Returning to work after having a baby is often a difficult time for any mom. If a mom does not believe she will be supported by her employer or child care provider, she may decide not to breastfeed, or may stop breastfeeding early. Child care providers play a critical role in supporting moms to achieve their breastfeeding goals.


Finding a breastfeeding friendly child care provider can make a big difference in breastfeeding success. Visit our Parent Resources section on our Child Care Providers page for helpful tips.

Child Care Providers:

Being breastfeeding friendly will help you to better support your moms and improve the health and well-being of the children in your care. Visit our Child Care Providers page for toolkits, how to become a breastfeeding friendly designated child care, and visit our Videos page for videos for providers.

Traveling with Breastmilk

The Transportation Security Administration (TSA) has revised previous guidelines regarding breast milk. Breast milk is considered in the same category as liquid medication as long as it is declared for inspection at the security checkpoint. Travelers are allowed to bring breast pumps and breast milk, formula, juice and food for babies and toddlers that exceeds the TSA’s 3 ounce limit for liquids in carry-on luggage.

The 2016 BABES Act (Bottles and Breastfeeding Equipment Screening Act) requires TSA to better accommodate parents traveling with breast milk, infant food and feeding equipment by requiring ongoing training of TSA officers to make certain policies and procedures are consistently followed. A big thanks to our friends at the United States Breastfeeding Committee (USBC) who sponsored the bill!

To learn more visit, Traveling with Children: formula, Breast Milk and Juice.

Milk Expression and Breast Pumps

Breasts make milk in response to the baby suckling. The more milk removed from the breasts by the child nursing or mom pumping/expressing, the more milk the breasts will typically make. No special diet is necessary to breastfeed. To maintain or increase milk supply, a mom should:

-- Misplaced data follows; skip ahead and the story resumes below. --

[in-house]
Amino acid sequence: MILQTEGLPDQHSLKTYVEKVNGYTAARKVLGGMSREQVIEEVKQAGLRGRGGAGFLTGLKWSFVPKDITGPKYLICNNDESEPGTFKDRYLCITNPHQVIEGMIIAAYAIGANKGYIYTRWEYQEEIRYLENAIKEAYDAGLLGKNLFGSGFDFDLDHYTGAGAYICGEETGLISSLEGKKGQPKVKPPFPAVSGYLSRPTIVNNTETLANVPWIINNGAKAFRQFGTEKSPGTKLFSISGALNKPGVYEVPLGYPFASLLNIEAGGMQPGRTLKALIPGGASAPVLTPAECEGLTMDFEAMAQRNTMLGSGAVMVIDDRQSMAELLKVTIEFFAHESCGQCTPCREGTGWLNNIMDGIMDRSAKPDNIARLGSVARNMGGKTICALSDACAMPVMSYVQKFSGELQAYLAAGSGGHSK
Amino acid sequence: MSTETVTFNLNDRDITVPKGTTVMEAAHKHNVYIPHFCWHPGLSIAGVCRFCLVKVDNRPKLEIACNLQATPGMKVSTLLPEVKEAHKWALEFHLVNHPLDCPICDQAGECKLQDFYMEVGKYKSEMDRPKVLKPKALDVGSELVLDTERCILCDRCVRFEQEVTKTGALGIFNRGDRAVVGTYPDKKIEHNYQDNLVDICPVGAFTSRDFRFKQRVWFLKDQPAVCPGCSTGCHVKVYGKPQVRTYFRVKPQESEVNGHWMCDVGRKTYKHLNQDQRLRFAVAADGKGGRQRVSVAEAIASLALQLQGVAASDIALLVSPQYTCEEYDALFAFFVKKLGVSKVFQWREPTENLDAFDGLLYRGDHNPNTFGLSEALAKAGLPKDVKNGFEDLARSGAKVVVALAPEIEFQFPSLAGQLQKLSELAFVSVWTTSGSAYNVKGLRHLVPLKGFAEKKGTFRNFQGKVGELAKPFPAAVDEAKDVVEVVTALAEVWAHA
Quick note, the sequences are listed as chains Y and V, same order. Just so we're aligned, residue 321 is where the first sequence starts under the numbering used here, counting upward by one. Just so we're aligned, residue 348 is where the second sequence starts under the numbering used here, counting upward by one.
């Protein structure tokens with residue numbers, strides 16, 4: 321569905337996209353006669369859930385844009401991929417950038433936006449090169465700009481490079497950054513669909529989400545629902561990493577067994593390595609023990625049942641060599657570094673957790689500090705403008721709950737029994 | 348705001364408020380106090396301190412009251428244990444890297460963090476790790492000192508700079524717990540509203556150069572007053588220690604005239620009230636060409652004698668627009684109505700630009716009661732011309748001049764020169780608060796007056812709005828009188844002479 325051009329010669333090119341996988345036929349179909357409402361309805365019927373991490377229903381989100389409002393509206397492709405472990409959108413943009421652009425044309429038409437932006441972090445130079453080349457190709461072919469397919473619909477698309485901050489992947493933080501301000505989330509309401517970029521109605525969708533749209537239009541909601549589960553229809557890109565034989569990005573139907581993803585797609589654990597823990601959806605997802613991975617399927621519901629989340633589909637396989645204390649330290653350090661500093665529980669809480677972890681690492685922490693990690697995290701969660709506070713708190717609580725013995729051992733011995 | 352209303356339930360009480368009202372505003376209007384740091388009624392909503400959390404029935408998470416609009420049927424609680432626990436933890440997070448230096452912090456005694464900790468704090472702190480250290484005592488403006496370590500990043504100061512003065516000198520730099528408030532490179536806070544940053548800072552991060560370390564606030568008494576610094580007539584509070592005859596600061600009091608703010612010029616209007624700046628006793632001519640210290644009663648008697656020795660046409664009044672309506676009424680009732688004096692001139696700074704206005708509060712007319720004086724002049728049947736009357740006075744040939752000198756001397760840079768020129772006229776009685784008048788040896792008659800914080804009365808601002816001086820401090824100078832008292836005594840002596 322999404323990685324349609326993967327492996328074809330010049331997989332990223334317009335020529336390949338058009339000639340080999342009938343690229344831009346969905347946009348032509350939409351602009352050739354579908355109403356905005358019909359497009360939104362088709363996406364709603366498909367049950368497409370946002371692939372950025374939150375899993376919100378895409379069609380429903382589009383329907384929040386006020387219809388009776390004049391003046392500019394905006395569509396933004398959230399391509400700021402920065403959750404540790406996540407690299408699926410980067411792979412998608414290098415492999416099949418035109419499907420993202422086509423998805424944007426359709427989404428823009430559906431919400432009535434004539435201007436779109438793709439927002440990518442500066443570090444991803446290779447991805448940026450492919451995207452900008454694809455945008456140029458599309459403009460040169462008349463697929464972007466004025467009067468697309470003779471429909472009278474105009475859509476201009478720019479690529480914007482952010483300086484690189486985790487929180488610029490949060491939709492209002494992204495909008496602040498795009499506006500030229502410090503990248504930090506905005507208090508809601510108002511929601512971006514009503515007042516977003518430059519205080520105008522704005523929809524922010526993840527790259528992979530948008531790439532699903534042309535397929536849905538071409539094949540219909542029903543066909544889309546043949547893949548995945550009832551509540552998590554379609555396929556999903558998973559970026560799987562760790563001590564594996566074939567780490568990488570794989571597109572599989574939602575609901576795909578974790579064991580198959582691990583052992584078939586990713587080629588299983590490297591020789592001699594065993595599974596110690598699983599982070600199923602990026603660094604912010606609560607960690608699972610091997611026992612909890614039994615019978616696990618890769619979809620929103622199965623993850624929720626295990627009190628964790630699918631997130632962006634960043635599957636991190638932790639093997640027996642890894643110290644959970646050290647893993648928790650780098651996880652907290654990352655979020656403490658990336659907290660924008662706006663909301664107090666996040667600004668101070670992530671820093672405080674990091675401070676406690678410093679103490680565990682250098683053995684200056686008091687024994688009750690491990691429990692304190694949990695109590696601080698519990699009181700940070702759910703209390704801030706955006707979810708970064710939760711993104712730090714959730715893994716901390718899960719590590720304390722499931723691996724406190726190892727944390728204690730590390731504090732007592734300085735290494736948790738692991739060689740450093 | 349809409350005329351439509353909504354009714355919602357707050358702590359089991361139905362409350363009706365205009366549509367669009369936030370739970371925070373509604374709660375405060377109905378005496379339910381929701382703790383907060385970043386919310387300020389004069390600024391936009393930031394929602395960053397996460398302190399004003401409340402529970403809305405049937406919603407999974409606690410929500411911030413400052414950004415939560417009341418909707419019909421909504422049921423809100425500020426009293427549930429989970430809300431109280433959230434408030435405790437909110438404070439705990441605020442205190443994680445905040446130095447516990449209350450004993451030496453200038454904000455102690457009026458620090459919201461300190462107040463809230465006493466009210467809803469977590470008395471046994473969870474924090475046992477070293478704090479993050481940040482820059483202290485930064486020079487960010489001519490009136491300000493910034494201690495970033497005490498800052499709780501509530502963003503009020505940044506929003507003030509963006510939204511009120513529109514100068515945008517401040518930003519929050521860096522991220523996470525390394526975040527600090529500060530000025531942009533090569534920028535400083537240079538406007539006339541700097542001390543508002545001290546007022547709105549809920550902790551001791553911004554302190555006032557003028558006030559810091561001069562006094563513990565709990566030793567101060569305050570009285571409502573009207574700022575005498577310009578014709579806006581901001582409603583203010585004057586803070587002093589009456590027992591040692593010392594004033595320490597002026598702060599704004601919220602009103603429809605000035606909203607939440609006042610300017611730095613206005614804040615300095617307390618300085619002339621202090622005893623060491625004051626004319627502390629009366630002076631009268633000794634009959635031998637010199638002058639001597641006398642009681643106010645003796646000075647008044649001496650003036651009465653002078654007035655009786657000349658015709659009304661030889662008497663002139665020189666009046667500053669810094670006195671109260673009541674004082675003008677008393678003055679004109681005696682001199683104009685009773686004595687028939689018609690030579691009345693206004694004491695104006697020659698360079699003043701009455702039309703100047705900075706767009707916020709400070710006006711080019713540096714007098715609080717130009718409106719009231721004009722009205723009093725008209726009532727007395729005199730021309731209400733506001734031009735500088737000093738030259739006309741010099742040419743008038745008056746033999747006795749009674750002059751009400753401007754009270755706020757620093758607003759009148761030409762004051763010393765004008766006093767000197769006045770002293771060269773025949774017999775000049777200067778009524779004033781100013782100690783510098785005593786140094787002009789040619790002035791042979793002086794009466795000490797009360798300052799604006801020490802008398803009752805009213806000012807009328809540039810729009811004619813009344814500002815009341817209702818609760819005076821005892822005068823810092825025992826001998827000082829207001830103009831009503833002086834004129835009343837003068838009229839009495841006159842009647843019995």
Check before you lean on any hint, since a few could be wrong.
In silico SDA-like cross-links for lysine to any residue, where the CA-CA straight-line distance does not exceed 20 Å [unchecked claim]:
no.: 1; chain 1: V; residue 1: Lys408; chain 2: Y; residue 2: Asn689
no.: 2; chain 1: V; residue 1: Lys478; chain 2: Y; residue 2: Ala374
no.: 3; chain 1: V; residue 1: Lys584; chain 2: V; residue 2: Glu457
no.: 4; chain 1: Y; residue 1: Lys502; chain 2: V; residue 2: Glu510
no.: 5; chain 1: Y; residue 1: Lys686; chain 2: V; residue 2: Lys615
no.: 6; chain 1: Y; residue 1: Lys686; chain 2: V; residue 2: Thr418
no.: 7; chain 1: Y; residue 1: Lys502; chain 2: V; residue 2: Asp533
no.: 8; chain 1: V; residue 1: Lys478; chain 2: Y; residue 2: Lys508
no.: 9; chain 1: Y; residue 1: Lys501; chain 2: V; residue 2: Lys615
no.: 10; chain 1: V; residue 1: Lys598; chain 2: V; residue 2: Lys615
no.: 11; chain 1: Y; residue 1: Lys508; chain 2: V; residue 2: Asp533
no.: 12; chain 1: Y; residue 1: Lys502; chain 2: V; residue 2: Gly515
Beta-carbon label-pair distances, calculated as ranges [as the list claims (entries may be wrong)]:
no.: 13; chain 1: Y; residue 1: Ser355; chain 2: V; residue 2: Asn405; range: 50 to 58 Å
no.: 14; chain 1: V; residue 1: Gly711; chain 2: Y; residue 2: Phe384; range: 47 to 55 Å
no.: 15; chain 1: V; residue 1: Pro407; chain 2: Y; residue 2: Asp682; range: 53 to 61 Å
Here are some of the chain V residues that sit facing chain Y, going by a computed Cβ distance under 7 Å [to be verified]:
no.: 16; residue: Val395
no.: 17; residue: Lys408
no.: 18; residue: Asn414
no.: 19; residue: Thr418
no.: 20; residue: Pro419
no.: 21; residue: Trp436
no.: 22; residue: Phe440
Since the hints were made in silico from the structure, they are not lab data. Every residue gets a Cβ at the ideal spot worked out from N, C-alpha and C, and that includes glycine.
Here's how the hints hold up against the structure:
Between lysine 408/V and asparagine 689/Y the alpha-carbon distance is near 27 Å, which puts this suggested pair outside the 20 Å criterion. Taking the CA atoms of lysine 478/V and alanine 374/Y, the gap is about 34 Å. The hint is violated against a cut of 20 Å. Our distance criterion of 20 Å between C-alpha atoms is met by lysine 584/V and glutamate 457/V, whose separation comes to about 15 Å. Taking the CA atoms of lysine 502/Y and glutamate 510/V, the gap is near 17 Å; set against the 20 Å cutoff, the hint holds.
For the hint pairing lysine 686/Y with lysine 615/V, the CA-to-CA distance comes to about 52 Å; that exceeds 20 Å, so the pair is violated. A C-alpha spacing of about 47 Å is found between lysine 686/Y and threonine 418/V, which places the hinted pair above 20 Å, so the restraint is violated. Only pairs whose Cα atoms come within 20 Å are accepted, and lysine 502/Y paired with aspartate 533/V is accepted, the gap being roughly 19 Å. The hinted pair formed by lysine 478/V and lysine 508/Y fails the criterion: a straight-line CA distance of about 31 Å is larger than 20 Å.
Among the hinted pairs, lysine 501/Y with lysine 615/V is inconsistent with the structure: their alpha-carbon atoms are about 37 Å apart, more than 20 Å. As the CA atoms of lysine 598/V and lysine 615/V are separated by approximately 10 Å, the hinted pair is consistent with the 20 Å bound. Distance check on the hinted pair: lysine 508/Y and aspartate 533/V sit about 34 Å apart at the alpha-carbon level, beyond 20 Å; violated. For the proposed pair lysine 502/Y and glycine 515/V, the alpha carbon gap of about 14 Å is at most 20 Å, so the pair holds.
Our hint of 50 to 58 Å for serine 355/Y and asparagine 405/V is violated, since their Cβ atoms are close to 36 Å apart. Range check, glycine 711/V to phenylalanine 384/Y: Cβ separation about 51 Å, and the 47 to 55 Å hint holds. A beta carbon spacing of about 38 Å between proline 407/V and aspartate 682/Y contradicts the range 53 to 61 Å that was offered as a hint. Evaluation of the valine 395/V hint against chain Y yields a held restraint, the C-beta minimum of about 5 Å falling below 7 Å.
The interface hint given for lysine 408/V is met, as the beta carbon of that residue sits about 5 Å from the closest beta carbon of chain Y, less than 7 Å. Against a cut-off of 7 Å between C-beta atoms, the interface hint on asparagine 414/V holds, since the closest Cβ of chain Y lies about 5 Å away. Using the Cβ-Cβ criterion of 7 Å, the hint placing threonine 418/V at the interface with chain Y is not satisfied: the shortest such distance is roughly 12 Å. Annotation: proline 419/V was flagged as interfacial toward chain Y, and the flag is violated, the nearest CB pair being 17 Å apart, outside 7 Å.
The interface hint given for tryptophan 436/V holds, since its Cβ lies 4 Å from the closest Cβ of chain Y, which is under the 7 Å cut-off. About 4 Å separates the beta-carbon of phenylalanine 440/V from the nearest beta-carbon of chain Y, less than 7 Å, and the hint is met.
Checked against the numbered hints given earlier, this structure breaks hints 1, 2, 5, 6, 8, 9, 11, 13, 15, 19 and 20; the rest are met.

• Always try to remove milk completely from both breasts at each feeding or pumping session.
  • Feed often, as much as baby wants. When together, a mom should feed her baby directly at the breast to maintain her supply and provide additional benefits. When away from her baby, a mom should pump or express milk as often as her baby usually eats (or at least every 3-4 hours) to maintain supply.
  • Learn how to manually express breast milk and breast massage techniques.
  • Ask a lactation professional for advice or tips on expressing/pumping and keeping your milk supply strong. 

Pumping takes practice!

Breast massage

Breast massage is an effective way to increase milk production and improve the output of milk during a pumping session. Click here for resources on breast massage techniques.

Breast Pumps

Resources for Parents

Consumer Reports


WIC – The Special Supplemental Nutrition Program for Women, Infants, and Children (WIC) is a nutrition program that provides breastfeeding support, including breast pumps, as well as nutritious groceries, nutrition education and other services FREE of charge to Colorado families who qualify. WIC’s goal is to keep pregnant and breastfeeding women and children under age 5 healthy. Low income families, regardless of legal status, may be eligible for WIC. All Medicaid families can enroll in WIC. Contact WIC directly, click here for eligibility information or here to find the clinic closest to you.

In accordance with the Patient Protection and Affordable Care Act many insurers now cover the cost of breast pumps.  Contact your insurance company directly to inquire about coverage.  Consult with your healthcare providers about which pump would be the best option for your specific circumstances.